imm cologne 2019 hosts Pure Talents, a competition for young designers worldwide. Deadline September 14.
Japan's Kokuyo Awards recognize any stationery, furniture or tool used in working, learning and living scenes. Deadline August 30.
The Frederick Parker Collection at London Metropolitan University holds 220 mostly historic chairs, dating from the reign of Charles II (c.1660) to Jane Atfield's recycled polyethylene side chair (c. 1993).
Furniture Today reports Canada plans retaliatory tariffs on some US furniture in response to the Trump administration's tariffs on steel and aluminum.
The website of Austrian panel manufacturer ALFA shows how Thonet and other furniture manufactures used the company's solid three-layer wood panels.
The federation of furniture manufactures in Hida-Takayama, Japan, sponsors a design competition to use local lumber. Deadline July 20.
This Scientific American article argues corporate lobbyists and poor government regulation created the plastic pollution crisis, not the individual consumer.
In this UK Guardian article Tham Khai Meng contends "everyone is born creative, but it is educated out of us at school."
On June 20 an Eileen Gray transat armchair sold at Christie's New York auction for a record $1,596,500 US.
Curbed blog investigates if Walmart sells knock-offs of classic mid-century modern furniture.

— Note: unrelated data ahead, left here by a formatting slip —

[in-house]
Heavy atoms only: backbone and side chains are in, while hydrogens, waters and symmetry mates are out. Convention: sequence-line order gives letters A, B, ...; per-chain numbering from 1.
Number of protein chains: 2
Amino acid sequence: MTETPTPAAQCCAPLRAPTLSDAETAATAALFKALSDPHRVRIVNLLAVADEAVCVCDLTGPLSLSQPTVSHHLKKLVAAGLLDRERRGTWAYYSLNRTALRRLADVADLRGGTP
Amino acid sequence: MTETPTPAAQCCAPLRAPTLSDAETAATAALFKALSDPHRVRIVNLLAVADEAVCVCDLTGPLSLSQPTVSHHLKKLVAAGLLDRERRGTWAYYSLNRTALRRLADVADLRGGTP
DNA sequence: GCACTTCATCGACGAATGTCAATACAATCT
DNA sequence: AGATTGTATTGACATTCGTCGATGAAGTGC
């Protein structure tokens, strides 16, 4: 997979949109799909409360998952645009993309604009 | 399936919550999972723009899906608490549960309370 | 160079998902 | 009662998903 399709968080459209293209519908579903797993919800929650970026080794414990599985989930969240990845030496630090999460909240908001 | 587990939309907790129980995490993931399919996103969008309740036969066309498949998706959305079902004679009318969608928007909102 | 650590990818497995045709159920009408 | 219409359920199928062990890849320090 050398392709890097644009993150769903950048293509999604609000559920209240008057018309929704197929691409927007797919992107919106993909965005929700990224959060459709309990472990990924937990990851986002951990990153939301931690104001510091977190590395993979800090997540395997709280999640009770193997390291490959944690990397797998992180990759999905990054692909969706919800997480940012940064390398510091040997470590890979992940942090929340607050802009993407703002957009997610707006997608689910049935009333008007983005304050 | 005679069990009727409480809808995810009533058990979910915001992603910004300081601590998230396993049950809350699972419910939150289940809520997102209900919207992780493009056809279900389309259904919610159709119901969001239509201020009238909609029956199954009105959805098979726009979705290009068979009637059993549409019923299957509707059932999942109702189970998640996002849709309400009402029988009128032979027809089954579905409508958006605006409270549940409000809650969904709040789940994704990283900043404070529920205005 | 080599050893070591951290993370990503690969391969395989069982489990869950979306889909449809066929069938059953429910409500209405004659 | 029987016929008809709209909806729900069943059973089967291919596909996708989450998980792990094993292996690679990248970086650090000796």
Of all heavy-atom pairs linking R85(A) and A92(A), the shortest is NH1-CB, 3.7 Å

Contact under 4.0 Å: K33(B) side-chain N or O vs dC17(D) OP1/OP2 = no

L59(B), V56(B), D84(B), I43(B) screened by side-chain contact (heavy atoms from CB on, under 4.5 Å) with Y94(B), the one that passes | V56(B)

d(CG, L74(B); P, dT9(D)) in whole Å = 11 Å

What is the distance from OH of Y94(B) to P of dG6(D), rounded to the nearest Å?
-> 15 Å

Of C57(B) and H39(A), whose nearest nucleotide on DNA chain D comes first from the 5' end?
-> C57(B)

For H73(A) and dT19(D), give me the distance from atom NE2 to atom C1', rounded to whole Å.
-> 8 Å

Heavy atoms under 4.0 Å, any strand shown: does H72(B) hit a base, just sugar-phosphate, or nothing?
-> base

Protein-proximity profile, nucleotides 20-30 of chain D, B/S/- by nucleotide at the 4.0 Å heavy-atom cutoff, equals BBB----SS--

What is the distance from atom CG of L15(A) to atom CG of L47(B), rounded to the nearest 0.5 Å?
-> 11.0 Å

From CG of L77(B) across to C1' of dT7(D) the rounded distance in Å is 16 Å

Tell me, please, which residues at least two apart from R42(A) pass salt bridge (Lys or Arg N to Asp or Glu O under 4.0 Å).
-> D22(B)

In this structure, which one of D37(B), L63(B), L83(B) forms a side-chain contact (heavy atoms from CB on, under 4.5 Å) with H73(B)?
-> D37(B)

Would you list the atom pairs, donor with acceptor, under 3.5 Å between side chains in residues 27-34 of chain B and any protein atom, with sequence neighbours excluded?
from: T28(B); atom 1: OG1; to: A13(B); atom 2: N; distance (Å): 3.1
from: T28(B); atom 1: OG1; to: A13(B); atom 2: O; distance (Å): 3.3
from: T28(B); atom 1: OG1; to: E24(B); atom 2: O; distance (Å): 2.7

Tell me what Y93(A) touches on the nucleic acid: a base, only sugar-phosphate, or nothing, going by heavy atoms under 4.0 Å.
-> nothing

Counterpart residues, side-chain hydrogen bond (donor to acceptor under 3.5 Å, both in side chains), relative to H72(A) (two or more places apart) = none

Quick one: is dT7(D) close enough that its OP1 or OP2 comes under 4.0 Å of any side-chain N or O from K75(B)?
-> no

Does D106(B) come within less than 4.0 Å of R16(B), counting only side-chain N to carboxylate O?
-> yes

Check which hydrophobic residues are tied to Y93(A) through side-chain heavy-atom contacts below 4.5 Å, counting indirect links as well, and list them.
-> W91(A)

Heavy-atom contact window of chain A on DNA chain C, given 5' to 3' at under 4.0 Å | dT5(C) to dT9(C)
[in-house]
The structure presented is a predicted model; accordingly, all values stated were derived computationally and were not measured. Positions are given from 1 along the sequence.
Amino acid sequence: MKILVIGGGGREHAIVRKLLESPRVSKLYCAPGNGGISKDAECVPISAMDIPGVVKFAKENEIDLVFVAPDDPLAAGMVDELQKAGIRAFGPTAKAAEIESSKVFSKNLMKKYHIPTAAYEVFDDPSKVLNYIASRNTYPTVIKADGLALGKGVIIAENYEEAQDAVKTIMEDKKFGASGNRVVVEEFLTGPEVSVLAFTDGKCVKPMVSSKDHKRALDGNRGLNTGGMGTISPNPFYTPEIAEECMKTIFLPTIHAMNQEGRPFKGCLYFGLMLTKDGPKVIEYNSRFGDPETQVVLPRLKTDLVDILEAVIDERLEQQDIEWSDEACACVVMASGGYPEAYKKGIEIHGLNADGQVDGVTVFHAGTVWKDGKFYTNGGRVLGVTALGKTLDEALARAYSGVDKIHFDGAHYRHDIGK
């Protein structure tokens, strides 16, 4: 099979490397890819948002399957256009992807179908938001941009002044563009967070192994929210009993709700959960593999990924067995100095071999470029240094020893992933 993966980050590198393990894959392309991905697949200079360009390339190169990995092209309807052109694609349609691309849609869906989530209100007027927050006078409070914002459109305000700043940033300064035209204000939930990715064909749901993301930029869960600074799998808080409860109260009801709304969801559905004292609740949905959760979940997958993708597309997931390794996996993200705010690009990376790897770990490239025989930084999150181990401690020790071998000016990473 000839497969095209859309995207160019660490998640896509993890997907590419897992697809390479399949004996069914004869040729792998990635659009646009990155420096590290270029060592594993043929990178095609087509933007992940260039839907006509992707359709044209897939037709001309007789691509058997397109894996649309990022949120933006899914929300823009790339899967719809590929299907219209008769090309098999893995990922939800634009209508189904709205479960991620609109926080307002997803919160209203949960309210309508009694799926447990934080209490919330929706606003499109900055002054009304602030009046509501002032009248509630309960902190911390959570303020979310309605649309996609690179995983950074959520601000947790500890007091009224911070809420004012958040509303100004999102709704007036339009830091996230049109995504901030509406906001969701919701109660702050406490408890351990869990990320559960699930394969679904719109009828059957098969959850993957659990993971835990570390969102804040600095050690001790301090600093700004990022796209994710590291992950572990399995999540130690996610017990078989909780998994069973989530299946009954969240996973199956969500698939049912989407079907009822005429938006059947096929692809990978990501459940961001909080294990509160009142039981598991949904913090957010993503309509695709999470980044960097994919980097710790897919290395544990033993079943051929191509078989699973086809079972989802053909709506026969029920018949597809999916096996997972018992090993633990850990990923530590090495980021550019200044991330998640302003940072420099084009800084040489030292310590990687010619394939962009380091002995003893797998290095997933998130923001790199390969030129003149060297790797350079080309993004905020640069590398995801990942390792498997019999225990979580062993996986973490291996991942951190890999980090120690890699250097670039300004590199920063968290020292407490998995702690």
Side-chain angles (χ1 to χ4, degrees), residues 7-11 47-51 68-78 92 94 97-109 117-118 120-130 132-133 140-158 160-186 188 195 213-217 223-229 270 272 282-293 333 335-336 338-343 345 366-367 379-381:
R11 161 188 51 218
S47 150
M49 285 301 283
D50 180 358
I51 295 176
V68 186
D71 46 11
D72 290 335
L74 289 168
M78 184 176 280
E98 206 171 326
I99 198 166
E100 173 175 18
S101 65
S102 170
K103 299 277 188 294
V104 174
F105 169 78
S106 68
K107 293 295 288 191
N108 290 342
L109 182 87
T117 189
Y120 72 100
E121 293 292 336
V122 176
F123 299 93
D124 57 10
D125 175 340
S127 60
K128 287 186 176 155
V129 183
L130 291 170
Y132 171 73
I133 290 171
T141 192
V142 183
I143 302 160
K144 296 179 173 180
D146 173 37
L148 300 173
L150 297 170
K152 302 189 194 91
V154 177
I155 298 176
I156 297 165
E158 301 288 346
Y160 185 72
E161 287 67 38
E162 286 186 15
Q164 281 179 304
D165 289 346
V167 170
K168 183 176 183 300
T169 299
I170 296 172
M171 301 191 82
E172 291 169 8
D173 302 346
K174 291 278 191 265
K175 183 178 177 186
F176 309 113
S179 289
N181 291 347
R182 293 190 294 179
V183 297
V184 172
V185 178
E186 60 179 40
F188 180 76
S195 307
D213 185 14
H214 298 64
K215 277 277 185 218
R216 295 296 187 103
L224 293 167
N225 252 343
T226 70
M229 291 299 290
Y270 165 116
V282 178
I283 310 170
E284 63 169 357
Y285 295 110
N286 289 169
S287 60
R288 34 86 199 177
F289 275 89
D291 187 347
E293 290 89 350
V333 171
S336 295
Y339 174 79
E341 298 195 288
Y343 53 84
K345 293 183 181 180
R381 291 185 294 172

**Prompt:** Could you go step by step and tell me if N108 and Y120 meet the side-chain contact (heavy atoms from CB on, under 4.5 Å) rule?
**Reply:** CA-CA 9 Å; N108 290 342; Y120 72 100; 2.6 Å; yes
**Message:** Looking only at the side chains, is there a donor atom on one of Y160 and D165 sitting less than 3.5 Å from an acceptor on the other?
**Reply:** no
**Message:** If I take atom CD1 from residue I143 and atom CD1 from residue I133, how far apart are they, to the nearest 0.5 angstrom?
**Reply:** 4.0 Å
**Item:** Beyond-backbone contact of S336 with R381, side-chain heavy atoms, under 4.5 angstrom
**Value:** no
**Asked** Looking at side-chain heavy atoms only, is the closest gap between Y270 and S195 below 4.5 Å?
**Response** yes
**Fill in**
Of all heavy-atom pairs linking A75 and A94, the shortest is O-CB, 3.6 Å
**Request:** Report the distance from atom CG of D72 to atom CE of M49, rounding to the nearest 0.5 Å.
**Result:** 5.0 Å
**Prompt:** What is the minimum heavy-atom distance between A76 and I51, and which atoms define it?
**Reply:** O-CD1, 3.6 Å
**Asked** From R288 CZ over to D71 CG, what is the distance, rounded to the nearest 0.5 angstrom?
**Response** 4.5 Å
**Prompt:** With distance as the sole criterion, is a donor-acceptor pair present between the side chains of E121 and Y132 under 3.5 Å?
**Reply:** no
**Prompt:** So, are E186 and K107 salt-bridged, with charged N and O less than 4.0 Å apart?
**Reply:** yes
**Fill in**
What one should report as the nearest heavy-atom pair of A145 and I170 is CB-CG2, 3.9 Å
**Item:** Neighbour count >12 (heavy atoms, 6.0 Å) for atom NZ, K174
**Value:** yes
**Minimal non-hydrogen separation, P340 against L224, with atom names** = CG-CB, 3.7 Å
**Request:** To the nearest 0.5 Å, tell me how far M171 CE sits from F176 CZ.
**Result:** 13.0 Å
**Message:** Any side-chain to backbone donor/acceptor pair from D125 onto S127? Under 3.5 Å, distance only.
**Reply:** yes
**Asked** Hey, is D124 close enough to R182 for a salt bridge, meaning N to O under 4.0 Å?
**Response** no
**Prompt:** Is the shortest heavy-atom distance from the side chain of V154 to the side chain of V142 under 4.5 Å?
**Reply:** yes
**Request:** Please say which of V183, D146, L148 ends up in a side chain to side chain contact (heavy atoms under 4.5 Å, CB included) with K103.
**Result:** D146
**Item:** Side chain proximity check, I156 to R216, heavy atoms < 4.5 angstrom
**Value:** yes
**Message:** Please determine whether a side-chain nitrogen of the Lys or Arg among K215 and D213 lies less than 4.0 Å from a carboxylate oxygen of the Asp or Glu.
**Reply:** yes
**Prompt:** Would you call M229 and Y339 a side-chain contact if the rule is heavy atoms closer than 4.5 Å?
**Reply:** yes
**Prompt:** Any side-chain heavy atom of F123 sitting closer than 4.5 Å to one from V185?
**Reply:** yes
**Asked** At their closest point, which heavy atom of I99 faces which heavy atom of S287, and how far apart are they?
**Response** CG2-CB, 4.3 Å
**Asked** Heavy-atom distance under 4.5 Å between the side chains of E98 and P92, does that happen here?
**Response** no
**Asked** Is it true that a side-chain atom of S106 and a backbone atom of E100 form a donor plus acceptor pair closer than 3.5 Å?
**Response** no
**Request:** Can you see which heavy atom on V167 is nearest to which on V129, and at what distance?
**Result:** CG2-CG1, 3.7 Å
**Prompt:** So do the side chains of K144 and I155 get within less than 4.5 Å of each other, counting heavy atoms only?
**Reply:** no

Wallpaper* magazine reports on 12 designs recently awarded the UK's Design Guild Mark for British furniture innovation, including Ernest Race's 1950 Antelope chair.
The UK's Design Council publishes The Design Economy 2018, a report on design's vlaue in a wide variety of industries.
A 24-page pdf essay by Ingrid Moortgat, University of Leuven, Belgium, explores the concept of "form follows function" through the work of Donald Judd, Fien Muller and Hannes Van Severen.
This technical paper studies factors that influence joint stiffness in dowel joints, including wood species, dowel size, loading and adhesives.
Phaidon publishes Chair: 500 Designs That Matter, an exploration of seating from modern classics to 16th-century relics.
Metropolis magazine intervews Klaus Nienkämper about the growth of his Toronto-based furniture company over the past 50 years.
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